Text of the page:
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TO THE EDITOR Sib,—Most men of intelligence will agree with Sir Robert Stout that parsimony 19 never true economy, but no doubt the definition of the terms what is parsimony ? what is economy ? would elipit wide differences of opinion from the same individuals. My object is not, however, tp discuss these questions in the abstract, but to point out a case to our Civic Fathers in which their parsimony is not true economy. One needs only to read your weekly report of the tonnage of arrivals and departures of vessels from the wharves at Dunedin, or, if sceptical of newspaper reports, to take an occasional walk along those wharves, to be able to form some idea of the immense benefit to the City trade the bringing of the shipping up to Dnnedin has been. The state of the street approaches to these wharves are a positive disgrace to the Corporation. It is very easy for them to say the Harbor Board should do this and the railway should do that, but that is mere beggiDg the question. The three bodies—Government, Corporation, and Harbor Board—are simply representative institutions to do certain works assigned to them by the people,' and to the care of the Corporation ha 3 been handed over the streets, Who are the ■ i a 1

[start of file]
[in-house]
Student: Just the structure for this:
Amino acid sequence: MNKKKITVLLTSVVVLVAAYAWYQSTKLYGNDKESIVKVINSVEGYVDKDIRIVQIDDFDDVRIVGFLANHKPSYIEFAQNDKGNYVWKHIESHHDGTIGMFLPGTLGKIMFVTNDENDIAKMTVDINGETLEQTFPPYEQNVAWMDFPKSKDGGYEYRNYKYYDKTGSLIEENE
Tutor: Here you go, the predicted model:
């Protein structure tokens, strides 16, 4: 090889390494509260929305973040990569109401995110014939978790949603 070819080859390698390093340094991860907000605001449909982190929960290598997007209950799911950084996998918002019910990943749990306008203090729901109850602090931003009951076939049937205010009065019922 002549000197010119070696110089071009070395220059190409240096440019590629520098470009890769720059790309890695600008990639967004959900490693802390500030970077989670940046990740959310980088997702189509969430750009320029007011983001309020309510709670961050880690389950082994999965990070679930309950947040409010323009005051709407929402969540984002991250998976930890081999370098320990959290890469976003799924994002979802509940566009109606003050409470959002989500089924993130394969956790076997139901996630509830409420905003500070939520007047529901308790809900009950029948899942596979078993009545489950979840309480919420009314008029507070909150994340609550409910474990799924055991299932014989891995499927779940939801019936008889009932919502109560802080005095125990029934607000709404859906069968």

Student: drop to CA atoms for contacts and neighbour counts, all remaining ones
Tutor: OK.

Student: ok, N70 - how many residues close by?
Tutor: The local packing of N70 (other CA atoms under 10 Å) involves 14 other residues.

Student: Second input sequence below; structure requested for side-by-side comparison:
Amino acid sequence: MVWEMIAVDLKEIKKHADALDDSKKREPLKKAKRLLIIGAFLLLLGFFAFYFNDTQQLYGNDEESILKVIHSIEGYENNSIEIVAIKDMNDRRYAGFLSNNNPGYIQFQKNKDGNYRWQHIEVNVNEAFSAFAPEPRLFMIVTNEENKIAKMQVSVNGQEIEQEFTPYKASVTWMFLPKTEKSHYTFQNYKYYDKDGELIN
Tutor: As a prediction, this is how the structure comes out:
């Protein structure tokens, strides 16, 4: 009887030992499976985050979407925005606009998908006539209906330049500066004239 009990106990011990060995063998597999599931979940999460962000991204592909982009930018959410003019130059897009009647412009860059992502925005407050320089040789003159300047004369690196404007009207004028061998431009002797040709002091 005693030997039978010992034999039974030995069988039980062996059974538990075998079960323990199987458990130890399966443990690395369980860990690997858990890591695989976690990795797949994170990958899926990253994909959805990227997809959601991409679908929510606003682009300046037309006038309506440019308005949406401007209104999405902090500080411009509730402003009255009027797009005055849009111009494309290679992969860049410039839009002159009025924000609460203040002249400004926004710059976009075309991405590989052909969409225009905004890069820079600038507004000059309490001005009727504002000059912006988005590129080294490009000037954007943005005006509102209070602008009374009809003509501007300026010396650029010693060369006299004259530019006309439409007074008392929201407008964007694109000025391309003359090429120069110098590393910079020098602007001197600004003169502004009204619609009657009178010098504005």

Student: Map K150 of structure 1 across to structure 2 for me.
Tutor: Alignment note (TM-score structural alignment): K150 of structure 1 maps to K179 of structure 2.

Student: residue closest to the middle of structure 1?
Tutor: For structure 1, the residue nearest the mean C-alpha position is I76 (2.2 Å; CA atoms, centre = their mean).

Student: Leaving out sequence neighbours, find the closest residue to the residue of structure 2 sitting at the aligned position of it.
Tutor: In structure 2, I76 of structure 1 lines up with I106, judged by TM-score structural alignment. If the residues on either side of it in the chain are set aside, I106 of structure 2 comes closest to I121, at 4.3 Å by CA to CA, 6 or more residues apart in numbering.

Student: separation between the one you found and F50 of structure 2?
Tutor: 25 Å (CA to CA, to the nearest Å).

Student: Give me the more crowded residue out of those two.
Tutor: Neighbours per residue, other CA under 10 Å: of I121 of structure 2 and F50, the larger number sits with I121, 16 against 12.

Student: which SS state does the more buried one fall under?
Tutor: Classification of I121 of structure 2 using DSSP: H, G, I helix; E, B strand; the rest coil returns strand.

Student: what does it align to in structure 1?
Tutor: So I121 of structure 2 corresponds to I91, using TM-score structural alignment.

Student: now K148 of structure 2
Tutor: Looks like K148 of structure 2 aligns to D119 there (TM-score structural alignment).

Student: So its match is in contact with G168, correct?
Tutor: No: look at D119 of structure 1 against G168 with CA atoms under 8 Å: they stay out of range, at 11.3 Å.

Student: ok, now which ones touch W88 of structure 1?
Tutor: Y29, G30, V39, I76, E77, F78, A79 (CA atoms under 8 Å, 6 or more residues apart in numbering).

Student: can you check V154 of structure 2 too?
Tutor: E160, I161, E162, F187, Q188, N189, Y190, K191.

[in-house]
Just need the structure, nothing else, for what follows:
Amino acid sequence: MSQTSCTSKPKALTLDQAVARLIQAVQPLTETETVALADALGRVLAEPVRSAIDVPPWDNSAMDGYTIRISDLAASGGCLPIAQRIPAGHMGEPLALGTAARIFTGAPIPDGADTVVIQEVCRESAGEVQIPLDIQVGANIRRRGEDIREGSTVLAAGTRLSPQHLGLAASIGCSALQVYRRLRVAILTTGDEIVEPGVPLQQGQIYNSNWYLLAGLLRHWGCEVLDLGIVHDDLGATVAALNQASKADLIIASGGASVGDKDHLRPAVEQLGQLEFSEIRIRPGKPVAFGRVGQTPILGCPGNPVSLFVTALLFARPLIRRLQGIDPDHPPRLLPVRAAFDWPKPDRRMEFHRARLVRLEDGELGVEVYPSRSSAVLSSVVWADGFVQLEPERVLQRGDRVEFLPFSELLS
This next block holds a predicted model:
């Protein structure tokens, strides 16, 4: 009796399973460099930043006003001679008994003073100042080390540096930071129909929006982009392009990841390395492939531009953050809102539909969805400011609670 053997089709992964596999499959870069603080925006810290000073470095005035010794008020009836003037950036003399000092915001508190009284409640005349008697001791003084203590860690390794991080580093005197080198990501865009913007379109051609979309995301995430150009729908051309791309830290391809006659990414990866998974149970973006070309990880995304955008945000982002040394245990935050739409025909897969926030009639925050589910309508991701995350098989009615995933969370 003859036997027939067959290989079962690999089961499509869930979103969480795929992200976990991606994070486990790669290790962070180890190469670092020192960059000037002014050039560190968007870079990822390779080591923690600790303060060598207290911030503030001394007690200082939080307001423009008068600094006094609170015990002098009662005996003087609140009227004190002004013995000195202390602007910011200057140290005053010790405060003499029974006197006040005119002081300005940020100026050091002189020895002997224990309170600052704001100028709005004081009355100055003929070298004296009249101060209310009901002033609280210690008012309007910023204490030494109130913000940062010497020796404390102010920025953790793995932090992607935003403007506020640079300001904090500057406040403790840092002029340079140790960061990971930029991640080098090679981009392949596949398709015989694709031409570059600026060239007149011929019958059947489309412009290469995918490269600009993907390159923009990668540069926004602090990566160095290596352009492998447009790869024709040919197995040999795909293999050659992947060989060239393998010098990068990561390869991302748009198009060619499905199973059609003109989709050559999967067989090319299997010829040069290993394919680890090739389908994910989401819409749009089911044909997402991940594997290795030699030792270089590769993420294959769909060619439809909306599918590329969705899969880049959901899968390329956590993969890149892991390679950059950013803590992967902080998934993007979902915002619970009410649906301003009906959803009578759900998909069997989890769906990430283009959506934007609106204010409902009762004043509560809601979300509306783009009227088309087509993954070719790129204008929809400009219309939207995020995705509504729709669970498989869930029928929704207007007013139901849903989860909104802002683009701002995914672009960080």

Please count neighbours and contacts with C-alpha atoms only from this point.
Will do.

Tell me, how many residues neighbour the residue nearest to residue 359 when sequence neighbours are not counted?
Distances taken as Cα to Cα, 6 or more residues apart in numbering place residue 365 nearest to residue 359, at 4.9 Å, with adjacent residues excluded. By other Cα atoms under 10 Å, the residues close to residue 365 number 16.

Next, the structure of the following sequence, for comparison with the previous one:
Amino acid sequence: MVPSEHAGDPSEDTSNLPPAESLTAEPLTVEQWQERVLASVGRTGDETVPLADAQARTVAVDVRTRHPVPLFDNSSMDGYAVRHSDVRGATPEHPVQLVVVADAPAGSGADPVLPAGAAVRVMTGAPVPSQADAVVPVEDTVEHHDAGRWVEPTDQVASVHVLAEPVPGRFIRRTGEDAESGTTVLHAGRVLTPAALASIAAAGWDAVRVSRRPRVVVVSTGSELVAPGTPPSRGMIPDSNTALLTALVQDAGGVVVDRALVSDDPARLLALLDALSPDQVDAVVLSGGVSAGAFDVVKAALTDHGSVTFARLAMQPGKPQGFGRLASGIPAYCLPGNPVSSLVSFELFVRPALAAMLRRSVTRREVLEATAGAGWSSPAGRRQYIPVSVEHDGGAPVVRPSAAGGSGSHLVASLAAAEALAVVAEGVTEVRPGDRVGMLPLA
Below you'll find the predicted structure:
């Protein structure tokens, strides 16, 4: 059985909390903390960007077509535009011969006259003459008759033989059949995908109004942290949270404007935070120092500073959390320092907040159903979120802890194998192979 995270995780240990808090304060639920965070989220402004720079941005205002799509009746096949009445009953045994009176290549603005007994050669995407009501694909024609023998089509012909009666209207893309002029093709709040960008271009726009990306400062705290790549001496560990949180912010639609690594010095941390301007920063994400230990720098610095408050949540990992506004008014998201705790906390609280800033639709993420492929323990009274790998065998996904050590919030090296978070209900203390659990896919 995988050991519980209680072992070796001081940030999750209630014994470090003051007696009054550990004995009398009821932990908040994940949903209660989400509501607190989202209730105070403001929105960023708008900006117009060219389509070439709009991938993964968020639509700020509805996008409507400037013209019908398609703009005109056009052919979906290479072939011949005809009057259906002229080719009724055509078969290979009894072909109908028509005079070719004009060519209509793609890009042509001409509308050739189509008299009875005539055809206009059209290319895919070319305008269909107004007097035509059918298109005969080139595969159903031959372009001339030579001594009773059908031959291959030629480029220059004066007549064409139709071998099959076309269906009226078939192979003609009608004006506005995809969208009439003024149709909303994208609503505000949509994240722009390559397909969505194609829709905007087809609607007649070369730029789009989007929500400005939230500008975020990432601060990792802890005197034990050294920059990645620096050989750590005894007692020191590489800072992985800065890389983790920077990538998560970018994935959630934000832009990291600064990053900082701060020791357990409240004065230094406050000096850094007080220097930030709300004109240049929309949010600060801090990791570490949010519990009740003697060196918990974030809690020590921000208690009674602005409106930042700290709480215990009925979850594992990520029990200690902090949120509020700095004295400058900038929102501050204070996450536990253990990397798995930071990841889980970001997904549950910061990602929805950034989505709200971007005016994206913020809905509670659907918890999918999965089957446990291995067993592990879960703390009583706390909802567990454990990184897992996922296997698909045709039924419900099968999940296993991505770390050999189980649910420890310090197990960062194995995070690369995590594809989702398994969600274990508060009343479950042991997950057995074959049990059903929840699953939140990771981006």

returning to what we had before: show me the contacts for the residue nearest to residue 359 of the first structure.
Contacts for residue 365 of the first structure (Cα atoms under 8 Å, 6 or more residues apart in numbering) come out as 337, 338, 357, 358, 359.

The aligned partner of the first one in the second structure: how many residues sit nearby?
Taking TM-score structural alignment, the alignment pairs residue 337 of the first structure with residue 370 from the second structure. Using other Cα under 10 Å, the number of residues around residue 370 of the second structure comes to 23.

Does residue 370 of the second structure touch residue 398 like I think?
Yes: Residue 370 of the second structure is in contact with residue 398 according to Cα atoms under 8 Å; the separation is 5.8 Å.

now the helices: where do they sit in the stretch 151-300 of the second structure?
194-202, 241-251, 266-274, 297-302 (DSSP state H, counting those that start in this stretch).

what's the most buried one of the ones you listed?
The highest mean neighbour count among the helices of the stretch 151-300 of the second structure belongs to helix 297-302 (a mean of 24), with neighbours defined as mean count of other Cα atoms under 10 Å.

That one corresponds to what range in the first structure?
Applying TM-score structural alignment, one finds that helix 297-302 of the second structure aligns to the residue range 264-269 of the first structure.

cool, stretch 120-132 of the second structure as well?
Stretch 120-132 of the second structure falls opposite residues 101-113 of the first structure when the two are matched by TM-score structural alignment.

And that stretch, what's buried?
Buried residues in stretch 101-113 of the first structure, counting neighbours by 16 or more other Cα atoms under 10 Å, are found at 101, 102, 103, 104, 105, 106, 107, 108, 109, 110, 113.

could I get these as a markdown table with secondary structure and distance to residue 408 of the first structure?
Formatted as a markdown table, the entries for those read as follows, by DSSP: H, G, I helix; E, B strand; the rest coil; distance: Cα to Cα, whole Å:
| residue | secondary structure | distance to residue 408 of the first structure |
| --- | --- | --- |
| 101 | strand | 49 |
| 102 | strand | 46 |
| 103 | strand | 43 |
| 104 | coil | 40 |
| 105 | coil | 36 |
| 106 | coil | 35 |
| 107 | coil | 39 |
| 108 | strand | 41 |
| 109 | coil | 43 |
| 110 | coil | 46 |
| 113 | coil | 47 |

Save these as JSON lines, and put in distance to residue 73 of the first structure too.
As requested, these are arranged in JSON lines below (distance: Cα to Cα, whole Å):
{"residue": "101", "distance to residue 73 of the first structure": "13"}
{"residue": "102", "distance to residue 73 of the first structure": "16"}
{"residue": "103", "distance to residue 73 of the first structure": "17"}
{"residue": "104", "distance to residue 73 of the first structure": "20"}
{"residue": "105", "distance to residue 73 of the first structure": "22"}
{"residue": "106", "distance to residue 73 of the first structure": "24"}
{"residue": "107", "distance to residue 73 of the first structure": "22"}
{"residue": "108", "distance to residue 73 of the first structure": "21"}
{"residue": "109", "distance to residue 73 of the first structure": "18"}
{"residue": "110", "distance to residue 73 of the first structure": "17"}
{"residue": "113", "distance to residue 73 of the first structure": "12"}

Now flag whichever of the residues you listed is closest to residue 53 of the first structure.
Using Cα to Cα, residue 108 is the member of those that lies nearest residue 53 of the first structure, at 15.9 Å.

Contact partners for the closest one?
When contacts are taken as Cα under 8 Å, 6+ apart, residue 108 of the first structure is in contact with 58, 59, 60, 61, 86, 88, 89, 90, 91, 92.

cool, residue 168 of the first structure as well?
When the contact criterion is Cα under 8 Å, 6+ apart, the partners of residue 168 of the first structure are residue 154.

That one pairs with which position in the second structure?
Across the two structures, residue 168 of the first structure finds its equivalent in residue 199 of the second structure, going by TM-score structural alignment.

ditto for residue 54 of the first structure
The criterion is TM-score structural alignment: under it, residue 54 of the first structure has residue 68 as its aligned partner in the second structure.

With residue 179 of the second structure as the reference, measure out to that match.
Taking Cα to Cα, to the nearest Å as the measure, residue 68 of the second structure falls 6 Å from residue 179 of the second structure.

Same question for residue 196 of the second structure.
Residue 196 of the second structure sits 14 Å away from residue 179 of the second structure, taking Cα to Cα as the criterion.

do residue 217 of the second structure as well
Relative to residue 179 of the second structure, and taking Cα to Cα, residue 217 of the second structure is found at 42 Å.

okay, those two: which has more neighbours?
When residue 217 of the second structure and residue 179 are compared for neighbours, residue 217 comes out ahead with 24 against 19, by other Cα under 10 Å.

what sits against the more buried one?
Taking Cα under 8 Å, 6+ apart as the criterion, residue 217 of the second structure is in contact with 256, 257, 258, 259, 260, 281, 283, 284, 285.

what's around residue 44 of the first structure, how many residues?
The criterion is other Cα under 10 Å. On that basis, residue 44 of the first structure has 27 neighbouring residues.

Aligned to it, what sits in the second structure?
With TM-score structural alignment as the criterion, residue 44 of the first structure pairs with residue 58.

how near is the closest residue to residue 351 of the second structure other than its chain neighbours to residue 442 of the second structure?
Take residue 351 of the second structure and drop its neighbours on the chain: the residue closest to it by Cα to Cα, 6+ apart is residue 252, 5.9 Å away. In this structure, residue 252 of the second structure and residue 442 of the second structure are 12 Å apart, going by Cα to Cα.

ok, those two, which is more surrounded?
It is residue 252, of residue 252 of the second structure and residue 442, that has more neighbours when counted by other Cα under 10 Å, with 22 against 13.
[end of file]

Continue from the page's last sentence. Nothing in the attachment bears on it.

sufferers by the bad state of the approaches to the wharves ? Is it not the ratepayers, the merchants of the City, and the consumers, who will all be put to extra expense for cartage? and if these approaches are allowed to get into a much worse state the result will be probably to drive a lot of trade past our doors. Parsimony in this matter is not true economy.—l am, etc., Citizen. Dunedin, May 20.

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APPROACHES TO THE WHARVES., Issue 7911, 20 May 1889

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APPROACHES TO THE WHARVES. Issue 7911, 20 May 1889

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